A new article introduces a compact, high-performance lossy transmission line filter based on carbon nanotubes that successfullly improve coherence times of superconducting qubit.Superconducting quantum circuits are sensitive to electromagnetic interference and thermal radiation, and such interatctions with the environment lead to the undesirable phenomenon of quantum decoherence. Commercially available filters, such as lumped-element filters and waveguide-based filters, become leaky or simply stop working above certain frequencies. While lossy transmission line filters can successfully attenuate high-frequency radiation, they are bulky in size. As the complexity of quantum circuits grow, packing and cooling down hundreds or thousands of these filters becomes a challenge.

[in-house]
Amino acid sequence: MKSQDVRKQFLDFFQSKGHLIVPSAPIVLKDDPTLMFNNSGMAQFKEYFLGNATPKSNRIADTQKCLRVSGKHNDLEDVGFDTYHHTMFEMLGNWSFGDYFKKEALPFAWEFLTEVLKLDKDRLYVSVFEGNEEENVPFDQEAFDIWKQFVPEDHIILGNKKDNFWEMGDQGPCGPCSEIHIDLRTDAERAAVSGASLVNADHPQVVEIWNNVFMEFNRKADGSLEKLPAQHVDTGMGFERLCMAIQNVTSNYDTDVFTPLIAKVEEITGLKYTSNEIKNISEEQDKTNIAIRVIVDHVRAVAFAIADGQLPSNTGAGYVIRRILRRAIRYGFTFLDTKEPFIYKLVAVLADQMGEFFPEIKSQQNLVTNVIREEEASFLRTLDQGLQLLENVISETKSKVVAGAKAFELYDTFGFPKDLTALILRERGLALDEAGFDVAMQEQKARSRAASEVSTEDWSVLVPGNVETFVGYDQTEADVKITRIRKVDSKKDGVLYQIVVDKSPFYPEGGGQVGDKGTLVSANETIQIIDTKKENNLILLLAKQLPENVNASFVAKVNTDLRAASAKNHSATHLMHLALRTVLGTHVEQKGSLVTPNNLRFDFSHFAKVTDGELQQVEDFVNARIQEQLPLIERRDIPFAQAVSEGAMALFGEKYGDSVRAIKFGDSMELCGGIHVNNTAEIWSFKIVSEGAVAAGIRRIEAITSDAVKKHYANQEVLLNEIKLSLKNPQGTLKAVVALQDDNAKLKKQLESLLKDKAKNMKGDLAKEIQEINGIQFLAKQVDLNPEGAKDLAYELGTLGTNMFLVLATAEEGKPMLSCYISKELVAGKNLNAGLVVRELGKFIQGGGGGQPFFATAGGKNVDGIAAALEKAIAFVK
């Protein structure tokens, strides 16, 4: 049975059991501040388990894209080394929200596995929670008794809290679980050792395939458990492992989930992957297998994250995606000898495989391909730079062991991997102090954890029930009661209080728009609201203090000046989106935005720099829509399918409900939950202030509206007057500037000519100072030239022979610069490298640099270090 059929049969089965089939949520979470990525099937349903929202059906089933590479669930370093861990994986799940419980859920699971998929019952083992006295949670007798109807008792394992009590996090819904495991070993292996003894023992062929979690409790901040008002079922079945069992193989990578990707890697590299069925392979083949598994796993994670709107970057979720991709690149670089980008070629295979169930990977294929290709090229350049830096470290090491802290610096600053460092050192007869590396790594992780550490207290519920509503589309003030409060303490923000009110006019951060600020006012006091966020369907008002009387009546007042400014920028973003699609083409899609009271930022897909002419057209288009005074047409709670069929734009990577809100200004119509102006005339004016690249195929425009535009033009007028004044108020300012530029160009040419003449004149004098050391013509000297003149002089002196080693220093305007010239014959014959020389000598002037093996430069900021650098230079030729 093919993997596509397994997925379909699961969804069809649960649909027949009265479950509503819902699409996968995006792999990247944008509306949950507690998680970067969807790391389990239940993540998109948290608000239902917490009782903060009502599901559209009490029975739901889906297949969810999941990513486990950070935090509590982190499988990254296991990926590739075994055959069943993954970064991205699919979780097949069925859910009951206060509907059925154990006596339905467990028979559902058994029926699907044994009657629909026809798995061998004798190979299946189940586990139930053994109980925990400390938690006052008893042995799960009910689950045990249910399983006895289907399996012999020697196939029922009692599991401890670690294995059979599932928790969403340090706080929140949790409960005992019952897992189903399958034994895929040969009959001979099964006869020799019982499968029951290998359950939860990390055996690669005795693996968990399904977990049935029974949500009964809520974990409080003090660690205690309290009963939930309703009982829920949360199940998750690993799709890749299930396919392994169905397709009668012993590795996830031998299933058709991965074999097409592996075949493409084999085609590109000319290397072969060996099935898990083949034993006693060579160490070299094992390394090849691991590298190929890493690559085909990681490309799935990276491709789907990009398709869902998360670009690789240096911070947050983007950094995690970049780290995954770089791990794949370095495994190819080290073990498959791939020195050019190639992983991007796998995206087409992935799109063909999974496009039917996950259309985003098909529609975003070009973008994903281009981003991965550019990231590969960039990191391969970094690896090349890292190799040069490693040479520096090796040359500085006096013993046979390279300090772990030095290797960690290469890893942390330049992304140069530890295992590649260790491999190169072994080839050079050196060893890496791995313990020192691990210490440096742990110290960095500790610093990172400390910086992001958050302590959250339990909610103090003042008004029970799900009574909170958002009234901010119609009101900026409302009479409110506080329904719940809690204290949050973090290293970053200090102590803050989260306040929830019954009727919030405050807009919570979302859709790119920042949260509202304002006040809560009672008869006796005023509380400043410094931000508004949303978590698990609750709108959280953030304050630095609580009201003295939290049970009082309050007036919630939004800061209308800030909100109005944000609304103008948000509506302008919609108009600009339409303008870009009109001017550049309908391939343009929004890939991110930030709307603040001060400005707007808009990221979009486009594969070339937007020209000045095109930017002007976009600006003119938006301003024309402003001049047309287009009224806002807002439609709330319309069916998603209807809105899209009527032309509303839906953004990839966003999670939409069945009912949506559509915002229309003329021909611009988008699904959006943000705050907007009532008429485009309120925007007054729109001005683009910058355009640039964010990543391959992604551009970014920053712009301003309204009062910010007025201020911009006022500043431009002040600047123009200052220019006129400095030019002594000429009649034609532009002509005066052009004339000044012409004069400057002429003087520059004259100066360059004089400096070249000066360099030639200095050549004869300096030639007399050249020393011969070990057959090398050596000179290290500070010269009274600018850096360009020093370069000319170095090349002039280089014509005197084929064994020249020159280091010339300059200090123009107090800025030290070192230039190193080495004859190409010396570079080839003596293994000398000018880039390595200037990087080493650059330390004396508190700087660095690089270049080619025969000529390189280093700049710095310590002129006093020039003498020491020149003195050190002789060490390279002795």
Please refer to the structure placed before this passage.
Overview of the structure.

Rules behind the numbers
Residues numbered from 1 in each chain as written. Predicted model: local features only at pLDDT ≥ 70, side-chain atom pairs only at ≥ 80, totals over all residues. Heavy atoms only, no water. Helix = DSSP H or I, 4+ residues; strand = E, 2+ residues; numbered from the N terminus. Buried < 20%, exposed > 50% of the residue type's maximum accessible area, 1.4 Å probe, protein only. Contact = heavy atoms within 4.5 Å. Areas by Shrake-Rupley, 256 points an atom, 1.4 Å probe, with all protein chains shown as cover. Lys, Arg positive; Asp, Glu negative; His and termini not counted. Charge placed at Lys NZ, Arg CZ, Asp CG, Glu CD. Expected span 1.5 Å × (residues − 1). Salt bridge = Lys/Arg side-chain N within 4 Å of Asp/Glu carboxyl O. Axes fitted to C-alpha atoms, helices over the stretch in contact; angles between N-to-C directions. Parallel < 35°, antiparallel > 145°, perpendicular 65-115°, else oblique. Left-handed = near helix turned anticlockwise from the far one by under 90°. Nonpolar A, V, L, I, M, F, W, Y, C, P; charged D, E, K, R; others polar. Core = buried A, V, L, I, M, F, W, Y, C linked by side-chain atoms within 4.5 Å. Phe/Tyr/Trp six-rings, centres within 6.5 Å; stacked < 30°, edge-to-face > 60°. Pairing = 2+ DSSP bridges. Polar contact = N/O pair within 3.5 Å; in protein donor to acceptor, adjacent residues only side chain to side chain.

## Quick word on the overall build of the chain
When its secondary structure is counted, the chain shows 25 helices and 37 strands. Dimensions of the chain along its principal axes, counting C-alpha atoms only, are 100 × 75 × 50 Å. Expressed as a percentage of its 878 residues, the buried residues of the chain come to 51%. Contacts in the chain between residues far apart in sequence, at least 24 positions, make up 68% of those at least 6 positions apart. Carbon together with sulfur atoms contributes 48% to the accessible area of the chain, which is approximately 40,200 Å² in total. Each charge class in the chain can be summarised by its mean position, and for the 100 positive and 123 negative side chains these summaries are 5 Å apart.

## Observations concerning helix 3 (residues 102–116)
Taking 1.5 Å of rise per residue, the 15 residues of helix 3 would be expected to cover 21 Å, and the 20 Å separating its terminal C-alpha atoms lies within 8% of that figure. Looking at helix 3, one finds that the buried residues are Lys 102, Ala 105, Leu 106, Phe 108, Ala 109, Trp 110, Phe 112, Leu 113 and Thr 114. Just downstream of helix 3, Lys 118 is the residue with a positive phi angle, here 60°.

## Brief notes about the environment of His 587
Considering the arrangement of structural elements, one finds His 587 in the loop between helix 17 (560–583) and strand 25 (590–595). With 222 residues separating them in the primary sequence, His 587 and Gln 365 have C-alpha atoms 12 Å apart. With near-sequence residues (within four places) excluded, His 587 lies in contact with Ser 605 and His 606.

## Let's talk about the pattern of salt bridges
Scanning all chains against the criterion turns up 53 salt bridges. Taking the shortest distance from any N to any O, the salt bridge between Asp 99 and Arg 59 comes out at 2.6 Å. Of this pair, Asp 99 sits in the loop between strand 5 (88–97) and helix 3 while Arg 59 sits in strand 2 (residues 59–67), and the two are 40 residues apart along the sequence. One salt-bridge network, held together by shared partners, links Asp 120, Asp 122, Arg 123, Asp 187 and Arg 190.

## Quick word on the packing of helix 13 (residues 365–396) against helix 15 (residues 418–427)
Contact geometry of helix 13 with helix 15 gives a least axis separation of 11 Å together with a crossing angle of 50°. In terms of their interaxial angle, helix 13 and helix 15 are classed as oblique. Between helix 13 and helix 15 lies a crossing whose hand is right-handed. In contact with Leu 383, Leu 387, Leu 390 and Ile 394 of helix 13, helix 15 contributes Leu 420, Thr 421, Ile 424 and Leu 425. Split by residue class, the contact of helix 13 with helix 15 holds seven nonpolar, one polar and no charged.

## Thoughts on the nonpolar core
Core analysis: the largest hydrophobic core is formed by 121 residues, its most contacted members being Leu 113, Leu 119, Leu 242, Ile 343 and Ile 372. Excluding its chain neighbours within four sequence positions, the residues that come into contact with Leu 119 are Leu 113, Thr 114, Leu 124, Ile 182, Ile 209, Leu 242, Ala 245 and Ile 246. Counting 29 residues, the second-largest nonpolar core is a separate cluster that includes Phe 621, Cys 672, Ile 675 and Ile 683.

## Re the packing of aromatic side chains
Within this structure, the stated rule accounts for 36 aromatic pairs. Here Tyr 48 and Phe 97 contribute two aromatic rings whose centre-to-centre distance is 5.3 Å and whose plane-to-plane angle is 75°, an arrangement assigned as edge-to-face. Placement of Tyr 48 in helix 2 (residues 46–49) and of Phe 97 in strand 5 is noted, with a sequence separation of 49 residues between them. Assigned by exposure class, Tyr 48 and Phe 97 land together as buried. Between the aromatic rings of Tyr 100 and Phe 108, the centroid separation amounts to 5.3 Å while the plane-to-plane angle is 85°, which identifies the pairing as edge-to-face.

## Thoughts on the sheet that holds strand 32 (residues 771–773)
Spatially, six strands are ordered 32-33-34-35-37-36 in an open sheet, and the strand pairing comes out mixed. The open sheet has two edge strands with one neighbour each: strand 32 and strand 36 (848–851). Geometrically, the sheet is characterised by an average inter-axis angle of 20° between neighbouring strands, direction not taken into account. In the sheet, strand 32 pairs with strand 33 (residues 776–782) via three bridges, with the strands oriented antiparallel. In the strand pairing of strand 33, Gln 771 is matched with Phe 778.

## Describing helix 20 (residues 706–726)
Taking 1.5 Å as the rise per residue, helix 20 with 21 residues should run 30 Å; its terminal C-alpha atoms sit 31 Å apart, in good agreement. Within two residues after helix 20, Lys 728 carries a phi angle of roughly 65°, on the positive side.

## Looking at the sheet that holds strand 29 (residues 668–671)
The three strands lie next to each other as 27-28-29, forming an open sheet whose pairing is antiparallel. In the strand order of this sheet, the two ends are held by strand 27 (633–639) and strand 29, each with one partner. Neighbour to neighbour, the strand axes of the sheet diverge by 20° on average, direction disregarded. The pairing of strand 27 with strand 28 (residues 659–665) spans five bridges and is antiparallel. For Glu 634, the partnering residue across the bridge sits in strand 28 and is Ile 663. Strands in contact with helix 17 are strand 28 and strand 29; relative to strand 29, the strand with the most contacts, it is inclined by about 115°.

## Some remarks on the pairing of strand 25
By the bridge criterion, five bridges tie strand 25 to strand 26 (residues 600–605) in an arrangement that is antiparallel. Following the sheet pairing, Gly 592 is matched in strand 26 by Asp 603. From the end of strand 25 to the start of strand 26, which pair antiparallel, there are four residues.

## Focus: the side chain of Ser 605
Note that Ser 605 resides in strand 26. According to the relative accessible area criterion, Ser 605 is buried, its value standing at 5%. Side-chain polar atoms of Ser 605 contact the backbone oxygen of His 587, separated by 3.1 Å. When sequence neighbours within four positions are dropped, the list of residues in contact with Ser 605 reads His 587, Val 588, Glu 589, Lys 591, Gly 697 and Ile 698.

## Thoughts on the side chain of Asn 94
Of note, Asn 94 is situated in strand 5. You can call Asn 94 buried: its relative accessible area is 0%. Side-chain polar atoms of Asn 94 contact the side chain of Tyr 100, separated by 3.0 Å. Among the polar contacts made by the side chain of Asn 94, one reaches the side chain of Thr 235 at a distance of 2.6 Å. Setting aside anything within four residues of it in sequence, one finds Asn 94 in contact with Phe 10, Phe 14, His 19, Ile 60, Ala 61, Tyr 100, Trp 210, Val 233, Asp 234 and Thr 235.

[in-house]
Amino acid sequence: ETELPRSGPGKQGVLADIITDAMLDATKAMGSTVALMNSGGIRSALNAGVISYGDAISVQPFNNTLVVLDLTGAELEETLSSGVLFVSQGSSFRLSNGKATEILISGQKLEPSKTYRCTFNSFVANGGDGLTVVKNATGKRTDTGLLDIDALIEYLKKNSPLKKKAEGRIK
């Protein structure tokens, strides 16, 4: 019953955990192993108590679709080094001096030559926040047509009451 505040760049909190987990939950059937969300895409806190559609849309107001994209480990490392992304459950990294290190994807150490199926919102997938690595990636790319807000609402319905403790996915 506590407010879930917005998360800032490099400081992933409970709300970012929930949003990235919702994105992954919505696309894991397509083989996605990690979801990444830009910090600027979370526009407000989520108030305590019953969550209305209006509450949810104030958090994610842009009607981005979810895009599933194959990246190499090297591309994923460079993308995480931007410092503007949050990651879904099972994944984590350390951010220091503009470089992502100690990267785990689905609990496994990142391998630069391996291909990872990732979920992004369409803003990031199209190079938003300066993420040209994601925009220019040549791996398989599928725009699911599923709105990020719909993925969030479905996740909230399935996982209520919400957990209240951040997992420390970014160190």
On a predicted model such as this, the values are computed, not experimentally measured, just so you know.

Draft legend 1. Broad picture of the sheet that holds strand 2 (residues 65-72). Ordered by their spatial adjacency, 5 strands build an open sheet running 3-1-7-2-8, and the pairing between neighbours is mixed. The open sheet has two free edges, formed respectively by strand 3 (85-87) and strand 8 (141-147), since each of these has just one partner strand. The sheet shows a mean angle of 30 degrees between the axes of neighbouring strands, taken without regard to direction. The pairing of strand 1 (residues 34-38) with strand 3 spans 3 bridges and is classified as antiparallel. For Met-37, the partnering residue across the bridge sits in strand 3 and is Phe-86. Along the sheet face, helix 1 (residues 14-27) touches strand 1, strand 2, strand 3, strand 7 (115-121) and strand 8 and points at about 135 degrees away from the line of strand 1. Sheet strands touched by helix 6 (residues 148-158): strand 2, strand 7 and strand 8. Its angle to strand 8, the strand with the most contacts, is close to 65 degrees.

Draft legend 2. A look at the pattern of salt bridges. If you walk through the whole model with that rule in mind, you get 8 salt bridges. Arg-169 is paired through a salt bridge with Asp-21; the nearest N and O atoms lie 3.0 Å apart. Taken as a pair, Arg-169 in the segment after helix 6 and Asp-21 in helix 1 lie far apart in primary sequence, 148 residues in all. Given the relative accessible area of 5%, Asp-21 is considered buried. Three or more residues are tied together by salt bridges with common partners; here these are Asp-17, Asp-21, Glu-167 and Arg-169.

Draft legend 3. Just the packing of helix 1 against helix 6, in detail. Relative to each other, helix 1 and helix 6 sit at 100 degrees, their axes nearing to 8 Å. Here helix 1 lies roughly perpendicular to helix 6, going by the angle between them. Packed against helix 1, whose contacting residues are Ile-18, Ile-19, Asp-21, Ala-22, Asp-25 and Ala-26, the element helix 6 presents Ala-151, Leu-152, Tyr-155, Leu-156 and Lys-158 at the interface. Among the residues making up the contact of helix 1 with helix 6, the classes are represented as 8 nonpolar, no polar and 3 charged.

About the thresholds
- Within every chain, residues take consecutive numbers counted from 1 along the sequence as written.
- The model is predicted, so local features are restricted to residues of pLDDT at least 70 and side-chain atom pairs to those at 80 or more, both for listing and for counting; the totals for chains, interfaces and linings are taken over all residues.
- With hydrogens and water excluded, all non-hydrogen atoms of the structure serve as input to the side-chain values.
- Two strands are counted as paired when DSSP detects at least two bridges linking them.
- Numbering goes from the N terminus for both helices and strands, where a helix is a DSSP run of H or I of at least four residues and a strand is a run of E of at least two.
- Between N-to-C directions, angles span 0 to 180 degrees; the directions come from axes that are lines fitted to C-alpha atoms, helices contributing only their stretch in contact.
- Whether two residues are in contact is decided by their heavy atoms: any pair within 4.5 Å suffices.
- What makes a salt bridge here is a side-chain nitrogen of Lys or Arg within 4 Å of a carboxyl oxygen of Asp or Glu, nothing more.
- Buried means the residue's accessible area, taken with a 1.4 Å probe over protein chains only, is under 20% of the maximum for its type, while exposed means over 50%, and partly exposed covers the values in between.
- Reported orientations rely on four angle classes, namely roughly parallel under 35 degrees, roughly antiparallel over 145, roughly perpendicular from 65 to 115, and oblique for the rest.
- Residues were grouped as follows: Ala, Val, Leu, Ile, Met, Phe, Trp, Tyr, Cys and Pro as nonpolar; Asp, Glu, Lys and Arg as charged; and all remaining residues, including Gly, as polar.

A new article introduces a new type of lossy transmission line filter made with multiwalled carbon nanotubes that improves coherence times while also being more compact in size. The unique physical properties of carbon nanotubes — high optical absorption, excellent thermal conductivity, and high aspect ratio — make them an ideal filter material for superconducting quantum computing applications.
The researchers mixed a solution of carbon nanotubes with stainless steel powder to reduce their attenuation to a desired level. Once the mixture dried in a vacuum, a copper block filter enclosure with a microwave transmission line was filled with the powder and sealed shut.
Source: “Carbon nanotube-based lossy transmission line filter for superconducting qubit measurements” by Christopher M. Wilson, Mehran Vahdani Moghaddam, Chung Wai Sandbo Chang, Ibrahim Nsanzineza, and A.M. Vadiraj, Applied Physics Letters (2019).
Written by Meeri Kim and first published by AIP Publishing.